RootsTech 2014

Some people eat, sleep and chew gum, I do genealogy and write...

Wednesday, January 23, 2013

Sourcing in FamilySearch Family Tree

I recently wrote about the paucity of source citations in a number of surname books about my ancestral lines. The basic issue here is my inability to confirm or deny the information without doing my own research. Let's say I look at the following book:

Tanner, Maurice, and George C. Tanner. Descendants of John Tanner: Born August 15, 1778 at Hopkintown, R.I., Died April 15, 1850 at South Cottonwood, Salt Lake County, Utah. [S.l.]: Tanner Family Association, 1942.

This is the "basic" Tanner family book that I have been shown since I was a child as the "authority" on the Tanner line. There is a major problem with the book. It has little or no citation to any sources for the information. It relies heavily on the work done by George C. Tanner and published in two books:

Tanner, George C. William Tanner of North Kingstown, Rhode Island, and His Descendants. [Minneapolis, Minn.]: Pub. by the author, 1905.

Tanner, George C. William Tanner, Sr. of South Kingstown, Rhode Island and His Descendants: In Four Parts. Faribault, Minn: G.C. Tanner, 1910.

As pointed out recently in a blog post by my daughter, Amy Thiriot, in some instances, the information is neither sourced nor accurate. See John Tanner: Greenwich and Argyle, New York. But this information has been copied over and over again in books and thousands of family group records. There are many examples of the types of errors that have been perpetuated. 

As I look at FamilySearch.org's Family Tree today, I see the entry for John Tanner's first child, Elisha Bently Tanner, with incorrect information. Despite the fact that I have literally tens of thousands of relatives who are descendants of John Tanner and further despite the fact that a huge number of them are members of The Church of Jesus Christ of Latter-day Saints, apparently, until my daughter and I have decided to scrutinize the records has anyone made an attempt to correct the information.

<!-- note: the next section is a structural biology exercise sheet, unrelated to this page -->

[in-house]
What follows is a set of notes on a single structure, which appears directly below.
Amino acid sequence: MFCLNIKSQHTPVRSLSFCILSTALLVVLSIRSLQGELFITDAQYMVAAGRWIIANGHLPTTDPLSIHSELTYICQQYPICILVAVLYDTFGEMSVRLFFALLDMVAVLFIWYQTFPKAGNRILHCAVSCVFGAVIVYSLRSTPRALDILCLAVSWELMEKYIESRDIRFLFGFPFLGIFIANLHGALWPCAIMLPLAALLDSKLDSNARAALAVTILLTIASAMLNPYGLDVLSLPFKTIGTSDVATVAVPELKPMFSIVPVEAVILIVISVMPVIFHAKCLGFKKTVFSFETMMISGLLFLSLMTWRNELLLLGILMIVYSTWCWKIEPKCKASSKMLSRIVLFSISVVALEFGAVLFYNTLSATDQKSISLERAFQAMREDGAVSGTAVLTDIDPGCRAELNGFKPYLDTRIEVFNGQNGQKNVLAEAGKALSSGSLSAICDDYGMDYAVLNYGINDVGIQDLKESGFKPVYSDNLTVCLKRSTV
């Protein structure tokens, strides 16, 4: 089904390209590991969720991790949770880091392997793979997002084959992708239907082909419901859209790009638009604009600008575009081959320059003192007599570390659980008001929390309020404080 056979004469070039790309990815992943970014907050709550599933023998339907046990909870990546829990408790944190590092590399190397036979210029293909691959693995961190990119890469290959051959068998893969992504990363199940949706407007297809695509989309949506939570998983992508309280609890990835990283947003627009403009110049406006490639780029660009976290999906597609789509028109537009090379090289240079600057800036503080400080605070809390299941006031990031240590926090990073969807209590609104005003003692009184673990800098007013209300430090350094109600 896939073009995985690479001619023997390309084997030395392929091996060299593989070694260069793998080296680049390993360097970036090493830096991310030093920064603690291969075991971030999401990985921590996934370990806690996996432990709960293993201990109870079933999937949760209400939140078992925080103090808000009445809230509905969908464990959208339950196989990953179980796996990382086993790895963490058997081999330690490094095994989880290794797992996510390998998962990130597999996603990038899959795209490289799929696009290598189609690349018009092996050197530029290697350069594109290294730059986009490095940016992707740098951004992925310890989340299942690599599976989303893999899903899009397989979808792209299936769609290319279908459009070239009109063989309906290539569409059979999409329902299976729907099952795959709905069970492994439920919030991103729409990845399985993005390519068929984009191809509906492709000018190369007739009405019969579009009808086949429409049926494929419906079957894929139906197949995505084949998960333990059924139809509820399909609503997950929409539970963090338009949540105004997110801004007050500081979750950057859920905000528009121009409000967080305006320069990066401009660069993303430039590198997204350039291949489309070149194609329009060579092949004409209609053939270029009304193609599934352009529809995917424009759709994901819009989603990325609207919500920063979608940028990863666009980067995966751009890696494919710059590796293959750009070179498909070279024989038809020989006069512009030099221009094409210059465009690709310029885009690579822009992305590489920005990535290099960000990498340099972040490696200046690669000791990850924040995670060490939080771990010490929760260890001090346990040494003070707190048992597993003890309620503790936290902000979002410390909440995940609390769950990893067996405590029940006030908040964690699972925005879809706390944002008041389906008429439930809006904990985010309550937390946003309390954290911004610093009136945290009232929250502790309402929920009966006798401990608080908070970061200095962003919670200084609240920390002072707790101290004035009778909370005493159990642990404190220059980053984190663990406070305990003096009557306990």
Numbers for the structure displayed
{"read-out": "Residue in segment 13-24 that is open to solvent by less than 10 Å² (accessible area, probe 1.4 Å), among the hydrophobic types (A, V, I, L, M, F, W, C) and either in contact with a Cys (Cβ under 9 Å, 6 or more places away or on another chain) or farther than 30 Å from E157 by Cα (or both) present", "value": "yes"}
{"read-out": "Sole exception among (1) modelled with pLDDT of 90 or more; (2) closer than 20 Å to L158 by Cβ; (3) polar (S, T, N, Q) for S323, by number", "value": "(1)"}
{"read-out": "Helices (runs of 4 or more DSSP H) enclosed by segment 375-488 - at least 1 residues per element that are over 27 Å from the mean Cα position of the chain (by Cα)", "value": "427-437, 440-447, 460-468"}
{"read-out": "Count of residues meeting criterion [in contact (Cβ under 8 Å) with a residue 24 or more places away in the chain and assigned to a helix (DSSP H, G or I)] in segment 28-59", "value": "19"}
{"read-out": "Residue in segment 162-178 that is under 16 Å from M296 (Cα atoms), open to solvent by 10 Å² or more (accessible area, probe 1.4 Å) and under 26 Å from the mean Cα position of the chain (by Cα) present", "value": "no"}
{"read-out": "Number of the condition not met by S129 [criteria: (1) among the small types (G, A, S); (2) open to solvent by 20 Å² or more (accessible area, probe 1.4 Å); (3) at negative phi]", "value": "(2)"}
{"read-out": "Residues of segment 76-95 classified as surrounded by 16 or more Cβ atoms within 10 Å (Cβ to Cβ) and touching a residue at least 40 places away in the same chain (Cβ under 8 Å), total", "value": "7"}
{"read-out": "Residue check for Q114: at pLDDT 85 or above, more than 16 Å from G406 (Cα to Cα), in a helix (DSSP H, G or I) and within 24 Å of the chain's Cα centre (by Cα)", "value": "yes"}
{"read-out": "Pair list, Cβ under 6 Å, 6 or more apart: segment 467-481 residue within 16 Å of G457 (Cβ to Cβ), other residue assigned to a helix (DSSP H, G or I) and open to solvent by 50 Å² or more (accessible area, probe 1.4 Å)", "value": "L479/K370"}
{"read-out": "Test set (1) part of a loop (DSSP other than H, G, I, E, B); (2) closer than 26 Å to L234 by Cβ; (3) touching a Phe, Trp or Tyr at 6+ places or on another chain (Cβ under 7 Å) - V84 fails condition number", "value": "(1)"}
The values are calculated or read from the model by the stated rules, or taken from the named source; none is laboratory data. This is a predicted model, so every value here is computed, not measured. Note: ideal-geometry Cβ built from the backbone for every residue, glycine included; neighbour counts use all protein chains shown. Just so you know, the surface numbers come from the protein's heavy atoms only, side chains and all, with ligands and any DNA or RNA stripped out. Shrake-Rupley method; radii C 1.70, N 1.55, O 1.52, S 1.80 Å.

What is particularly interesting to me is that representatives of FamilySearch are using the Tanner family, my ancestors, as examples as they do presentations in person and online about Family Tree. So I see the same incorrect information being referred to constantly. 

FamilySearch Family Tree has the potential to resolve this never ending repetition of inaccurate information by adding sources and documentation for all of these disputed dates.  But the real question is will it happen? Will people take the time to question the existing status quo of inaccurate information and correct it? The program has made it as simple as possible to add accurate source information. The program has now been online and available to my extended family for almost a year. But as I go through the information on the Tanner line, as an example, I find virtually no sources added by anyone other than me and my daughter. 

If this type of inaccurate information exists in my family with all the books and family members, what is the status of the rest of the "accepted" and unsourced family information in Family Tree and a thousand other family trees online? Well, my assessment is pretty miserable. I use the example of the Tanner family because of the relatively large number of books printed on their ancestry. 

Now is the time to start to break this repetitious cycle. Let's start adding sources to Family Tree (and any other online family tree files in other programs) and get busy with the work of genealogists and not perpetuate another generation of copyists! 



4 comments: